At this point, I should also point out that my wife and I run and manage a couple of businesses in addition to our genealogical pursuits. Some of the equipment is justified by reason of the fact that we work at a professional level. For example, I cannot imagine living without a camera. Over the years I purchased perhaps dozens of cameras. I actually have two main digital cameras that I use constantly. However, from a genealogical standpoint, I could use my smartphone, in my case, an Apple iPhone. Actually, I use all three. I would suggest that the utility of having a digital camera available to take notes, preserve documents, take pictures in cemeteries, and a multitude of other uses justifies the cost of having at least one of these devices.

Because we read a lot of books and like the portability and convenience of tablets, we have several iPads. One issue that is beginning to appear is the fact that tablet computers may replace laptops. As I have found out over the last two or three years, the issue now is software development. Tablet computers, unless they are actually laptops in disguise, do not yet have the complete software capability of the desktop or laptop computer.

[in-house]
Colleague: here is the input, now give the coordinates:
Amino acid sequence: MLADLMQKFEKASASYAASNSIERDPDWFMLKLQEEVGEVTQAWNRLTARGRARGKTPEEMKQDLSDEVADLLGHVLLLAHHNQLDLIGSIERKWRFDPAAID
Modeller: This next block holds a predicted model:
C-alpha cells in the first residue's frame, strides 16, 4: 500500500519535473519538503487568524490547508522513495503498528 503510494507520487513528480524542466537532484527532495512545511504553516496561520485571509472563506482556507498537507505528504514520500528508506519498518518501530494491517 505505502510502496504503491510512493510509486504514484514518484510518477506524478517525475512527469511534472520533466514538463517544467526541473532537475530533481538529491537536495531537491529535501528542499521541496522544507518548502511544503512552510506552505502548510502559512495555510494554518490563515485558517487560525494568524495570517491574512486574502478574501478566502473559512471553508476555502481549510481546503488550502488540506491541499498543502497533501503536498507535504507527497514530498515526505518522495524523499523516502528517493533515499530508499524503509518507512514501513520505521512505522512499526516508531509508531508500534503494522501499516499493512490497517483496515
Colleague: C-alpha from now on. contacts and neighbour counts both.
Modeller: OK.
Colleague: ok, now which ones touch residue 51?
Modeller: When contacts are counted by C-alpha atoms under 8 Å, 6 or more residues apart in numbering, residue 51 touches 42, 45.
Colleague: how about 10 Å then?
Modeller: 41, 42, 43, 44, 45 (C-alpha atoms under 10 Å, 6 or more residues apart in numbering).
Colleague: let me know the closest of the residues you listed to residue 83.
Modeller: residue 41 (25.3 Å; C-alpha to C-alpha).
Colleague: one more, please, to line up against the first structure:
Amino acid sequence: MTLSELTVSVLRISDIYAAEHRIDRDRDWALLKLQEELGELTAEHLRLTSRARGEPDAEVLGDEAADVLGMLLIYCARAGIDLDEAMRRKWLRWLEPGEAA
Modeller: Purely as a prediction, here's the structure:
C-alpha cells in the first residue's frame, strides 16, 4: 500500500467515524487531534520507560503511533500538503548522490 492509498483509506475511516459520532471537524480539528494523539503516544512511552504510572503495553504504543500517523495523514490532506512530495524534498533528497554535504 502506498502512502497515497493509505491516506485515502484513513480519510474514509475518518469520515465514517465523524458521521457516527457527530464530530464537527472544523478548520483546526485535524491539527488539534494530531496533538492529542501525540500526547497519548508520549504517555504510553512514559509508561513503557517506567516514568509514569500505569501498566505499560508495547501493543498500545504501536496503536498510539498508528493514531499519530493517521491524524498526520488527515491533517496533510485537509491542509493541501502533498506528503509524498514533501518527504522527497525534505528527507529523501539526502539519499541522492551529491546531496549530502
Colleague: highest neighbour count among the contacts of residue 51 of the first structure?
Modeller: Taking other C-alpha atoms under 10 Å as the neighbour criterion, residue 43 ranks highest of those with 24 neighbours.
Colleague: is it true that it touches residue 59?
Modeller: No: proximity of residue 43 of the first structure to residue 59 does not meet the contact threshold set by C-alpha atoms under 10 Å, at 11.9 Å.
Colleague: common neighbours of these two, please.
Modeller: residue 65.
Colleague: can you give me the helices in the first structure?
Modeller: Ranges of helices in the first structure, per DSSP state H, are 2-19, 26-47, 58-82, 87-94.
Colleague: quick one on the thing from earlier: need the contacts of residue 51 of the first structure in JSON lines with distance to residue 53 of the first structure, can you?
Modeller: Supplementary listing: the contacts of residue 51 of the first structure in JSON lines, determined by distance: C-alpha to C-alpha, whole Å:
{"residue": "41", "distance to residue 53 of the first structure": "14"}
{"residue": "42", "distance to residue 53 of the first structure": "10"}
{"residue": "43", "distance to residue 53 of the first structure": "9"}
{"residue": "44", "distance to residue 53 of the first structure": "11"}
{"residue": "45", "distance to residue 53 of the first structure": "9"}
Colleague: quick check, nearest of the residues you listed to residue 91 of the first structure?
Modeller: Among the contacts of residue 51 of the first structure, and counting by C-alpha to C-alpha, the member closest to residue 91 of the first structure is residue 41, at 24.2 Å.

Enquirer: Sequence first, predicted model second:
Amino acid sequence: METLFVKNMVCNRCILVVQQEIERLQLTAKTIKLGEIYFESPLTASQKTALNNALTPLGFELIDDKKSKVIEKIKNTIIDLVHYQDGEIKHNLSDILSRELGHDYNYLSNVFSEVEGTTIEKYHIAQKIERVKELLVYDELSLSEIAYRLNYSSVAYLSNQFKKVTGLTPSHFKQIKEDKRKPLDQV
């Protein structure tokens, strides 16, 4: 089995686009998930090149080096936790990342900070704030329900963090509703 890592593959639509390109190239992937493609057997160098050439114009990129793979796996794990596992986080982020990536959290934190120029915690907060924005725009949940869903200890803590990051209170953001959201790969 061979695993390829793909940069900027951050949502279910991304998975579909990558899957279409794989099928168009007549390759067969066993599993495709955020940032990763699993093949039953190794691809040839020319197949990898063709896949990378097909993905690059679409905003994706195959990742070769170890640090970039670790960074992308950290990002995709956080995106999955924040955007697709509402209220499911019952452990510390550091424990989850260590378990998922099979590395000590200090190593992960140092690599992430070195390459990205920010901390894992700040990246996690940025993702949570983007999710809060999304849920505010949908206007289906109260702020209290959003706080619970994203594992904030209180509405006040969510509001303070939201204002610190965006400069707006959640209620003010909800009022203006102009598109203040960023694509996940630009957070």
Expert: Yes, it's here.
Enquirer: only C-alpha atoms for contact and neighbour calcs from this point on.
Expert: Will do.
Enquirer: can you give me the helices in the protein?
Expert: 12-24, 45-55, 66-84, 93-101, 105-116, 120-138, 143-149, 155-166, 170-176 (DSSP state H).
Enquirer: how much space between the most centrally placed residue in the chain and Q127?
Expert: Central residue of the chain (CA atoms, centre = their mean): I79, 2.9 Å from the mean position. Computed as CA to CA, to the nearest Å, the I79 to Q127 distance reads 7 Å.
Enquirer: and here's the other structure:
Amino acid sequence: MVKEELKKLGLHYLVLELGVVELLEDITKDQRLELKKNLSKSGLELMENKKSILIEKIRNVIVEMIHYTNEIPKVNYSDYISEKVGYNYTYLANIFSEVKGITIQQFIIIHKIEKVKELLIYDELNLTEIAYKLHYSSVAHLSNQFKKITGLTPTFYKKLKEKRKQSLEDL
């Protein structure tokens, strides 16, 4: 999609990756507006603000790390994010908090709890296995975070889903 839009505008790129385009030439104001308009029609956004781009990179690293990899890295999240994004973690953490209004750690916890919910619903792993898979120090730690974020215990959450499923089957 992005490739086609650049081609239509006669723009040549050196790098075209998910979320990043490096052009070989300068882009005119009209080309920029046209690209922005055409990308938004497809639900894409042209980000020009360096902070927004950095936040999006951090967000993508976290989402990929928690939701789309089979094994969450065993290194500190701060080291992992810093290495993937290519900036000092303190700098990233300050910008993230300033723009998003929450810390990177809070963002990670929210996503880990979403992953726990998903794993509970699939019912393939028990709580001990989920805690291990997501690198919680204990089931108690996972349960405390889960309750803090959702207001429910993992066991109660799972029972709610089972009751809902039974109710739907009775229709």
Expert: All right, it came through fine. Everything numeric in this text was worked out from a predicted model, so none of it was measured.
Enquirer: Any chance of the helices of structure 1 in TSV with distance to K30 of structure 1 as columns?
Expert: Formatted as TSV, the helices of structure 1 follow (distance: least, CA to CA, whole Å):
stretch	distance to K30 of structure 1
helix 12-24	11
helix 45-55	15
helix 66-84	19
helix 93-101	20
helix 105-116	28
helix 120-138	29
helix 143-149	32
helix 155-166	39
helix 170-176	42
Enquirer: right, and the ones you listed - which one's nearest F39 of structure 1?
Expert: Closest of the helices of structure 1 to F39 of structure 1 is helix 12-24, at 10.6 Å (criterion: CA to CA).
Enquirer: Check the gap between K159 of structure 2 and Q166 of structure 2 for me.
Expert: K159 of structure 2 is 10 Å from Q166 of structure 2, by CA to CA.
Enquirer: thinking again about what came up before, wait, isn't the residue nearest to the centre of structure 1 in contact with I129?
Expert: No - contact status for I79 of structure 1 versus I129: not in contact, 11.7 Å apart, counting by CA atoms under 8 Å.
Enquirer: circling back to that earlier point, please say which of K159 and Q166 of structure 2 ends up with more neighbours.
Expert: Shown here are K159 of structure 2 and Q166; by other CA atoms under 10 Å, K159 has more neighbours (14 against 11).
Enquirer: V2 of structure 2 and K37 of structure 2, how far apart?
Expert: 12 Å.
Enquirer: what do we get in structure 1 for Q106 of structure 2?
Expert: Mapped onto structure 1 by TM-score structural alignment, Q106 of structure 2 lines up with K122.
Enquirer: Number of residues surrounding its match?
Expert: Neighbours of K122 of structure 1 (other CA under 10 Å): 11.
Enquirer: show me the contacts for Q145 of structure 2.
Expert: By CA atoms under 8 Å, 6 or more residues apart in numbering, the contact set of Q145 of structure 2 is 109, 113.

My external CD player is necessary because none of my new computers have an internal CD drive and there is still a lot of media on CDs.

The Bluetooth headset, the Bluetooth speaker are both for convenience. I now use a Bluetooth headset and voice recognition software to write when I am pressed for time. The Bluetooth speaker is good for presenting a class when there is limited access to amplification systems.

Presently, flash drives do not have the capacity to act as primary backups. But they do provide the ability to transport larger files. In using computers and remote locations, I have moved from carrying a flash drive around to using online storage. I do use flash drives as a backup for my presentations, just in case Internet connectivity is not available.

How much does all this cost? A lot. But all of this electronic equipment is used for personal and business purposes that overlap into our genealogical pursuits. One thing I can say about the cost of this equipment is that it is a lot less expensive than it used to be just a few years ago.

A Place of Rest


One can only wonder how this turtle got up on that branch. However, this scene brings to my mind the fact that leisure and rest are highly overrated in our society today. I would rather work than rest anytime and leisure is a concept I've never been able to comprehend.We all have such a short time on this earth, I am often reminded of the words of that old hymn, "Click Your Shoulder to the Wheel."
The world has need of willing men
Who wear the worker’s seal.
Come, help the good work move along;
Put your shoulder to the wheel.
It seems to me that we all need to work more and worry less about leisure.